I am still amazed at the council decision to give a reprieve to Castlebrae High School. I backed the campaign to preserve Craigmillar’s secondary school, so all credit to the councillors who listened to the case for saving the ‘Brae and acted according to their consciences.
I never thought they had it in them. The arguments put forward by, among others, Councillor Mike Bridgman and the pupils of the school won the day for Castlebrae.
I am reliably informed that three pupils have returned to school since the reprieve was announced. That is proof that the campaigners were right to battle for the school, and kudos to them for their victory.
I can only echo my colleague Gina Davidson’s well-made remarks in her column last week that the ‘Brae has a bright future if the council gives it full backing and the school works with the educational establishments around it.
It is to one of those schools to which we must turn our attention. The news that £1.5 million is to be spent this year on repairs to Portobello High School is truly shocking.
To put that figure in perspective, that expenditure is more than 20 per cent of the entire budget for upgrades at every other council school in Edinburgh – and this for a building which nobody wants to see continue in use.
The case for building a new school at Portobello Park has never been stronger, and though I am reluctant to do so because I always try to defend parks, the city can no longer go on shelling out money to shore up the dump that is Portobello High School.
I now believe that there is no other alternative site which makes sense, and I have already said that the argument that this land belongs to the Common Good holds no water in the face of local people’s wishes and the clear and unremitting requirement to replace the high school as quickly as possible.
I genuinely fear for the safety of the children at Porty High, because any school needing £1.5m spent on it urgently is surely not a place that can be truly safe.
Need I remind you that the school has already lost its roof in the high winds, and pupils there have genuine fears of crush injuries as corridors are often full to bursting.
After the farce of the Common Good court cases, which ended in defeat for the council, the decision was taken to put a private bill to the Scottish Parliament to free up Portobello Park for the new high school, and that process is under way.
I have always maintained that if a genuinely democratic vote had taken place involving the entire population of Portobello and its environs then the school would even now be sitting in the park and the council would not be having to waste the people of Edinburgh’s money in throwing cash at a dilapidated and moribund building. The bill cannot go through the Scottish Parliament quickly enough.
To the masthead
SO, now we know the date of the referendum on independence, and if the Good Lord and the excellent editor of this publication spare me, I will have my say on the issues facing the people of Edinburgh and Scotland over the next 18 months, though definitely not, I may add, to the exclusion of the myriad other issues affecting people.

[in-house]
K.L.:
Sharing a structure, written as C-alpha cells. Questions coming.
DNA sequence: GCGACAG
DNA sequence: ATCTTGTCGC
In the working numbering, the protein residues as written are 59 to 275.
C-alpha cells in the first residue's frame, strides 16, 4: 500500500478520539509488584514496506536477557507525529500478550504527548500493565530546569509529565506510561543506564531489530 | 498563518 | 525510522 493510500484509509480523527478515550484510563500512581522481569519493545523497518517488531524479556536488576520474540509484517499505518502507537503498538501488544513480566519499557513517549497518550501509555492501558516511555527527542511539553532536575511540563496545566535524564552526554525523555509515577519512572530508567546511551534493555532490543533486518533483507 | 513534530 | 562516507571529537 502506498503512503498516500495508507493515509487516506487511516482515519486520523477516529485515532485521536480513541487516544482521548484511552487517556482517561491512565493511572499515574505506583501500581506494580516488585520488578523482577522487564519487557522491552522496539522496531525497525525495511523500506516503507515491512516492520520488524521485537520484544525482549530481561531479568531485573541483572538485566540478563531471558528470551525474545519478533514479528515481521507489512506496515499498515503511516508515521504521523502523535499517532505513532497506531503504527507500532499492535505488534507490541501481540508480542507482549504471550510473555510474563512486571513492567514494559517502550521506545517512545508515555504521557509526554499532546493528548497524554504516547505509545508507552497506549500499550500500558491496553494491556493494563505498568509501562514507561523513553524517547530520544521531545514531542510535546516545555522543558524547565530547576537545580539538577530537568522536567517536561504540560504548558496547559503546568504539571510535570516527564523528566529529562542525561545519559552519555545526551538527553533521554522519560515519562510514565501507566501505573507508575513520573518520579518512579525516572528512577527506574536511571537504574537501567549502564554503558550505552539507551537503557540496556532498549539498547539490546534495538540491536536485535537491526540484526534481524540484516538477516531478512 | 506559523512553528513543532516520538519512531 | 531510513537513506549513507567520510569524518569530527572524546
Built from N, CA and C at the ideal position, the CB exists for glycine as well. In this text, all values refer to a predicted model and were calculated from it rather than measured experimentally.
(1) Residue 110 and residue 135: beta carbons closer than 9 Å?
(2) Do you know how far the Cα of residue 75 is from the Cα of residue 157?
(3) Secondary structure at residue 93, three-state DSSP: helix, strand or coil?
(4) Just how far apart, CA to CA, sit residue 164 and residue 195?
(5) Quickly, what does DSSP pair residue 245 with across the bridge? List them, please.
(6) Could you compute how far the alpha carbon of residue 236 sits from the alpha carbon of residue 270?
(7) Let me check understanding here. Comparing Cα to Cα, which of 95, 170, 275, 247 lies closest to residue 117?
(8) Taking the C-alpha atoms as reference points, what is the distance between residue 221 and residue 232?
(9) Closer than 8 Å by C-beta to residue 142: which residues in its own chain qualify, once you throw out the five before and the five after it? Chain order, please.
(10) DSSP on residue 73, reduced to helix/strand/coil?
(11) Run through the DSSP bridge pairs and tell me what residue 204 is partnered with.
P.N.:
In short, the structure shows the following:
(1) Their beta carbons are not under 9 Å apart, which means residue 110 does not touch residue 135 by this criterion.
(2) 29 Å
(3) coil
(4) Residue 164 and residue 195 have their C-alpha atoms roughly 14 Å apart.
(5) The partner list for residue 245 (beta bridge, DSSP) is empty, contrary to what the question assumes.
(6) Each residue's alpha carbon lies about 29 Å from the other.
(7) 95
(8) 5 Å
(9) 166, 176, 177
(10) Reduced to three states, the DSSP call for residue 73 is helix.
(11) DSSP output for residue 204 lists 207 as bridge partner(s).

As regular readers know, I am a member of the SNP and always declare my allegiance whenever I write about political issues. I challenge every other columnist, commentator and political writer to do the same in the run-up to the referendum.
Those writers and commentators who have made up their minds and know how they are going to vote should make it clear at the outset in every column or article that they are a yes or no voter. Those who are undecided should also make that clear. Editors and authors of columns must also declare their political allegiances.
The debate on the Leveson and MacLeveson reports hardly mentioned the serious problem of bias in the media, which boils down to an issue of trust. By law, financial advisers are no longer able to call themselves independent if they only promote one product, so why should journalists and commentators be allowed to masquerade as neutral when they are not?
You may say that bias is obvious, and it usually is. So why, then, have national newspapers not formally declared their support for either the Yes campaign or Better Together?
In the run-up to general elections, papers fall over themselves to declare for one or other party, knowing it will not affect their sales. But with this industry in deep trouble and newspaper sales falling, and with the referendum set to be a lot closer than anyone thinks, could it be that proprietors and editors do not wish to risk offending one side or the other, for fear of losing sales?
If so, I think they are wrong. People will want to read every shade of opinion in this, the greatest of all political debates in Scottish history.
However, the people of Scotland will not forget or forgive a lack of integrity on the part of the media, so I say it is time for the Fourth Estate to say where it stands.